Ontario premier says residents now interact with 50 to 100 people, causing 'out of control' COVID-19 contact tracing – CTV Toronto
Premier Doug Ford says Ontario residents are now interacting with 50 to 100 people, making COVID-19 contact tracing very difficult.
“What we did see when we did contact tracing at the beginning, we’d be able to contact 10 people and trace them. Now, people are interacting with 50 to 100 and if you have 100 cases times 100, 10,000 contact tracings and then those people contact 100 and then those people – next thing you know it just flies out of control,” Ford said during a news conference held on Friday afternoon.
The premier’s comments come in response to the federal government calling on Canadians to decrease their current number of social contacts by 25 per cent in order to help curb the second wave of the COVID-19 pandemic.
While releasing new national modelling on Friday, Chief Public Health Officer Dr. Theresa Tam and Deputy Public Health Officer Dr. Howard Njoo said if Canadians maintain their current rate of contacts, the epidemic is forecast to resurge. They said if residents decrease their contacts by a quarter, the spread of the novel coronavirus would come under control “in most locations.”
When asked on Friday if the province is considering lowering the limits on social gatherings – currently set at 10 indoors and 25 outdoors – Ontario’s Associate Chief Medical Officer of Health said a review on the matter will take place.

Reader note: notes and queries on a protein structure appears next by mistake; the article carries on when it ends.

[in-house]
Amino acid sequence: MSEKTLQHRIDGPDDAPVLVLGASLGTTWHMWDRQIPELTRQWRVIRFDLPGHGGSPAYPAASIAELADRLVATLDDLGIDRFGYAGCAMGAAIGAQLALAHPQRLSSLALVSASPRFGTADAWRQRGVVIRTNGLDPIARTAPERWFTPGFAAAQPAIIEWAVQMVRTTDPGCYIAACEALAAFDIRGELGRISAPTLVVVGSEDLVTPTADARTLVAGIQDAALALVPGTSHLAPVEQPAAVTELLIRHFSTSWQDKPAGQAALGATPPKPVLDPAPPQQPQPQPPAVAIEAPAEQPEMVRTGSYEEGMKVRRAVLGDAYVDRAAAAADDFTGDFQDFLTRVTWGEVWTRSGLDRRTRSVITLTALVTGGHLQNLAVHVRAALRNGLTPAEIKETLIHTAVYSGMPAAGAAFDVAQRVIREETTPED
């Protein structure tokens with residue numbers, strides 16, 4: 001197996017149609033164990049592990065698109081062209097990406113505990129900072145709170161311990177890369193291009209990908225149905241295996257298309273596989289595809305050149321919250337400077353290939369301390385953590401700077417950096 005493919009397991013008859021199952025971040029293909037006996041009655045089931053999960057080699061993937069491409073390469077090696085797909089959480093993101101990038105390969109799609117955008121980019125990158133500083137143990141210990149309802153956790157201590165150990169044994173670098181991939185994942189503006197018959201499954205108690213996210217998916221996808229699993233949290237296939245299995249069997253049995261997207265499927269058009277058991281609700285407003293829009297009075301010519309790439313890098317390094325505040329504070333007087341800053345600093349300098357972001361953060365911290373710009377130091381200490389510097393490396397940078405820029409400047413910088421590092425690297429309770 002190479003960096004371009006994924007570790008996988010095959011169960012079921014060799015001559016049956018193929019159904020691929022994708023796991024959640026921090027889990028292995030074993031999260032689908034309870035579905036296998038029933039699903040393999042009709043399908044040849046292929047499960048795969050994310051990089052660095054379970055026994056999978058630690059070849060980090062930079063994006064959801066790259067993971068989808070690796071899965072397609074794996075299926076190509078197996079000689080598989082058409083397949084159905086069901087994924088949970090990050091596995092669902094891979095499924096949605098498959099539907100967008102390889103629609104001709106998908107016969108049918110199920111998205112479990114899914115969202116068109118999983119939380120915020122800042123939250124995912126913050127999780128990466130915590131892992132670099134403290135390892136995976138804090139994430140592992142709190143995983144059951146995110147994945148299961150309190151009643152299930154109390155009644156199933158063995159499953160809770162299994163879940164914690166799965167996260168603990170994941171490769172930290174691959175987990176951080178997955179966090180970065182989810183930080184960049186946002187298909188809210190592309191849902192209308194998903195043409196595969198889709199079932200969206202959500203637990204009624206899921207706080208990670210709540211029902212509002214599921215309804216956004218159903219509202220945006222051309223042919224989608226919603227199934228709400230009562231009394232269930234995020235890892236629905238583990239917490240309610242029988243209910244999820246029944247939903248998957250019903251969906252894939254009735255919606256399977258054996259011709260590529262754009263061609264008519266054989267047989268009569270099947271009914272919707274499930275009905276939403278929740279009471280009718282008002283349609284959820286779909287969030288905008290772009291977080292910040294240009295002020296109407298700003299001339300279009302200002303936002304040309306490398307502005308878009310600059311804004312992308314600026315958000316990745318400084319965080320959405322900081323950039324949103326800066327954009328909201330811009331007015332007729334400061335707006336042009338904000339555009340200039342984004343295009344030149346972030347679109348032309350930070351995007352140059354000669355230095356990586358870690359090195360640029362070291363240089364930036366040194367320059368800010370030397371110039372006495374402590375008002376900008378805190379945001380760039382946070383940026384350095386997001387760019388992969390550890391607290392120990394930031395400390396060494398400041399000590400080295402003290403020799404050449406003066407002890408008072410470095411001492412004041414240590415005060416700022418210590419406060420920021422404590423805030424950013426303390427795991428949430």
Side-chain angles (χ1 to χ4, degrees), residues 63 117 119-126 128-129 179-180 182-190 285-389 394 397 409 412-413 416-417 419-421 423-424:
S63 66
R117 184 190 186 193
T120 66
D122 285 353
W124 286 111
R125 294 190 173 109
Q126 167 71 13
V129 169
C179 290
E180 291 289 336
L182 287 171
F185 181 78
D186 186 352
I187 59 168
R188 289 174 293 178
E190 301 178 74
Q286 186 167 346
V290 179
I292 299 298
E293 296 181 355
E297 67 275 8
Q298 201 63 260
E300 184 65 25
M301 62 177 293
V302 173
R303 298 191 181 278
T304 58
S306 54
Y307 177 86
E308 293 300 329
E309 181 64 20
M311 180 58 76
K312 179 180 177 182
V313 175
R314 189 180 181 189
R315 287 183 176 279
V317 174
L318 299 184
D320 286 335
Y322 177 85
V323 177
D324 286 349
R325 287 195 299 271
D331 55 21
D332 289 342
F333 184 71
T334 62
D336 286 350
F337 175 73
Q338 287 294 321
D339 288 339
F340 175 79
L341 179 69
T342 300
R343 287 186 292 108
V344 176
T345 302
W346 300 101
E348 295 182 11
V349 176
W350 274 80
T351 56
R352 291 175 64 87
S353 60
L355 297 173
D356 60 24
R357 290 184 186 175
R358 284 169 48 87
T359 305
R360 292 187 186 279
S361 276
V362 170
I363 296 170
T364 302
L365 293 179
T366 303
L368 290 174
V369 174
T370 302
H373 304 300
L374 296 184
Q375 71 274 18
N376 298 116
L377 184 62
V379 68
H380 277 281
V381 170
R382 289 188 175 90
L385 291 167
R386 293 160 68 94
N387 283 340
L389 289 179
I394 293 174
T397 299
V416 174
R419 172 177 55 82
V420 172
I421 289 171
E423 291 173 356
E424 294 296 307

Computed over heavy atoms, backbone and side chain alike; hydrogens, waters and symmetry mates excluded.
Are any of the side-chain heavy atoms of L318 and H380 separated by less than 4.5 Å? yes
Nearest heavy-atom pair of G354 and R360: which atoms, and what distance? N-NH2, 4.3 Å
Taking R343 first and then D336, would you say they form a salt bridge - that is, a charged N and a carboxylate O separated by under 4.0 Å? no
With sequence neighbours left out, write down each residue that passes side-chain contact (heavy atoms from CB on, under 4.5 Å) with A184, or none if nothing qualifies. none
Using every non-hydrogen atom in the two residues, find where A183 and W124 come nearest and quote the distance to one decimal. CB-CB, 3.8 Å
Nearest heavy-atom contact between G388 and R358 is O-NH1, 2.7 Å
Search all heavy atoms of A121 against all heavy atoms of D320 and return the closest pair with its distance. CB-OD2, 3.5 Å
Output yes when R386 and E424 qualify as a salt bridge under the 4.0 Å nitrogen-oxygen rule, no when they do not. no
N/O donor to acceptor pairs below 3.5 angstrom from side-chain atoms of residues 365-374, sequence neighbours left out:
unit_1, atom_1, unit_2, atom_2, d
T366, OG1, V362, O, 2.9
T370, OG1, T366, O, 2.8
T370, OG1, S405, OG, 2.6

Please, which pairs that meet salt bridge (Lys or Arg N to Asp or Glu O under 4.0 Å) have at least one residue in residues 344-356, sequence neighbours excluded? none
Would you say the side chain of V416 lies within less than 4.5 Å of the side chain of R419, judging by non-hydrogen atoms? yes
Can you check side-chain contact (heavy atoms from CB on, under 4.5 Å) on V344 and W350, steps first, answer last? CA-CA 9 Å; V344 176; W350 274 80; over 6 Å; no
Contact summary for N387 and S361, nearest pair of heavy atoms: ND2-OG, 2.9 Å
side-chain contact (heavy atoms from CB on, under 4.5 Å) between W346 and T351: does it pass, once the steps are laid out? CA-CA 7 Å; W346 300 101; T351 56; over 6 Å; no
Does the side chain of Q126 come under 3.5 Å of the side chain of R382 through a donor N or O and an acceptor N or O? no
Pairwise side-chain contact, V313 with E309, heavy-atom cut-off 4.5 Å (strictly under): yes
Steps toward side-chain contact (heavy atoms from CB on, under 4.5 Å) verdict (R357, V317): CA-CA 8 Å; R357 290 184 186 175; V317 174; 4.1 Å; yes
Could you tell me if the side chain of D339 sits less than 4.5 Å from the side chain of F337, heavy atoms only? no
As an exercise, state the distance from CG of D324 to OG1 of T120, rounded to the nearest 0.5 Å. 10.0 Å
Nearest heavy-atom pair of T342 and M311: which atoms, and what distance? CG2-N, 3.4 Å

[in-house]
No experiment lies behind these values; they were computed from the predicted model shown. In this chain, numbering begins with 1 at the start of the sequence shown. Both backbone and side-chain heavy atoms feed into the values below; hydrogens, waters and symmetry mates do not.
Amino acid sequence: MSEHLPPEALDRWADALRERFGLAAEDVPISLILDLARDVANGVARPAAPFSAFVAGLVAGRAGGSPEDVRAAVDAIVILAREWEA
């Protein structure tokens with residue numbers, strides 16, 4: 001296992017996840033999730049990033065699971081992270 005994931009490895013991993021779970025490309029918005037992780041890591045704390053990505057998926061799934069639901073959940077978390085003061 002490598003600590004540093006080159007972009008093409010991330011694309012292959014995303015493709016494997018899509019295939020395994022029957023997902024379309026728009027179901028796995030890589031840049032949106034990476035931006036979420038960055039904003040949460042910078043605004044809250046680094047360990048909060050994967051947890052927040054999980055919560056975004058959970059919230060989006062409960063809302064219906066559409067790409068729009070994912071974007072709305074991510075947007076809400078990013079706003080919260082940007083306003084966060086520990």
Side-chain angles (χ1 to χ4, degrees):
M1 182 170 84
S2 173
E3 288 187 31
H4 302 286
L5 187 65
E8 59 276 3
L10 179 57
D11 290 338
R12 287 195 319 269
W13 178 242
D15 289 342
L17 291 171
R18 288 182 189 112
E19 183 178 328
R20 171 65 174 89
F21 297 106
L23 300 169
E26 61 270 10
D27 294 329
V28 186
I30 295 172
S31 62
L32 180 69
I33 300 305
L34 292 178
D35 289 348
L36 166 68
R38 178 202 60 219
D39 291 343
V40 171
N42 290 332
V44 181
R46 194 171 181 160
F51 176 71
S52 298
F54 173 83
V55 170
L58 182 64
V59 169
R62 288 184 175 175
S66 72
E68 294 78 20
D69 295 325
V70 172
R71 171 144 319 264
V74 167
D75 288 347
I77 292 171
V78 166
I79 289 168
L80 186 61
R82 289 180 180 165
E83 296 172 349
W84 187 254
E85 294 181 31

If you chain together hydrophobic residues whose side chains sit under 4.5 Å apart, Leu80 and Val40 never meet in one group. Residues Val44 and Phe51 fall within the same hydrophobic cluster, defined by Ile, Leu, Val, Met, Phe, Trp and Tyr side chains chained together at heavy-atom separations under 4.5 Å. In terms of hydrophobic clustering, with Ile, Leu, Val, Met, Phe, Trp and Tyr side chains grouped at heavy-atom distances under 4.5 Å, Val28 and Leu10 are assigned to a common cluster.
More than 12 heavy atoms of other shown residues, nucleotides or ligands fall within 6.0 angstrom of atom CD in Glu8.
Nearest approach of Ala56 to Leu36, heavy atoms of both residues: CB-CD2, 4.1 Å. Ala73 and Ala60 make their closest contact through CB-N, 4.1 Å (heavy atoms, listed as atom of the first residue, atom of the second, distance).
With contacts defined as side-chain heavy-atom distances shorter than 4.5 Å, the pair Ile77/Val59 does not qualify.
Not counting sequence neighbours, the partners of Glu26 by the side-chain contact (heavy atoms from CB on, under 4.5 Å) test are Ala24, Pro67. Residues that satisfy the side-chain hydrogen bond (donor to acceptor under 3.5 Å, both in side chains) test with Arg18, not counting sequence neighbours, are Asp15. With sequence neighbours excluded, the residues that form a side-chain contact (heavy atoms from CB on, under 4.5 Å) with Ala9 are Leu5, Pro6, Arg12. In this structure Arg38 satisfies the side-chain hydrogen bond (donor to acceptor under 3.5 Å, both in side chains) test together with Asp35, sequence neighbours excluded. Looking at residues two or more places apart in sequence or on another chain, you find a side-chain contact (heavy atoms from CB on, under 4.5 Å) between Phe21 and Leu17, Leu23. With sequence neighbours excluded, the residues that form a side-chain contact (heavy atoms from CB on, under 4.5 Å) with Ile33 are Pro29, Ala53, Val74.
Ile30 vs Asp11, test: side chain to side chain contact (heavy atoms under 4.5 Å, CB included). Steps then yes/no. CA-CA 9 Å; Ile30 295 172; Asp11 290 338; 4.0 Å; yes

“I think the bottom line is yes, we will review that obviously and consider whether we need to change the guidelines,” she said reminding people to be aware that COVID-19 generally spread between people.
“If you’re with people who are not people in your household, people you live with, you should be careful. You should minimize your contact with other people, especially within two metres, wear a mask and don’t do anything that’s not essential.”
Yaffe added that those who live alone should interact with another household to avoid social isolation.
Back in August, Ford said social circles of up to 10 people will likely be sticking around until 2021.
Ontario logged 896 new COVID-19 cases on Friday, bringing the seven-day average above 900 for the first time.
More than 74,000 cases of the novel coronavirus have been confirmed in Ontario since the first infection was recorded in late January. That number includes more than 3,100 deaths and nearly 64,000 recovered patients.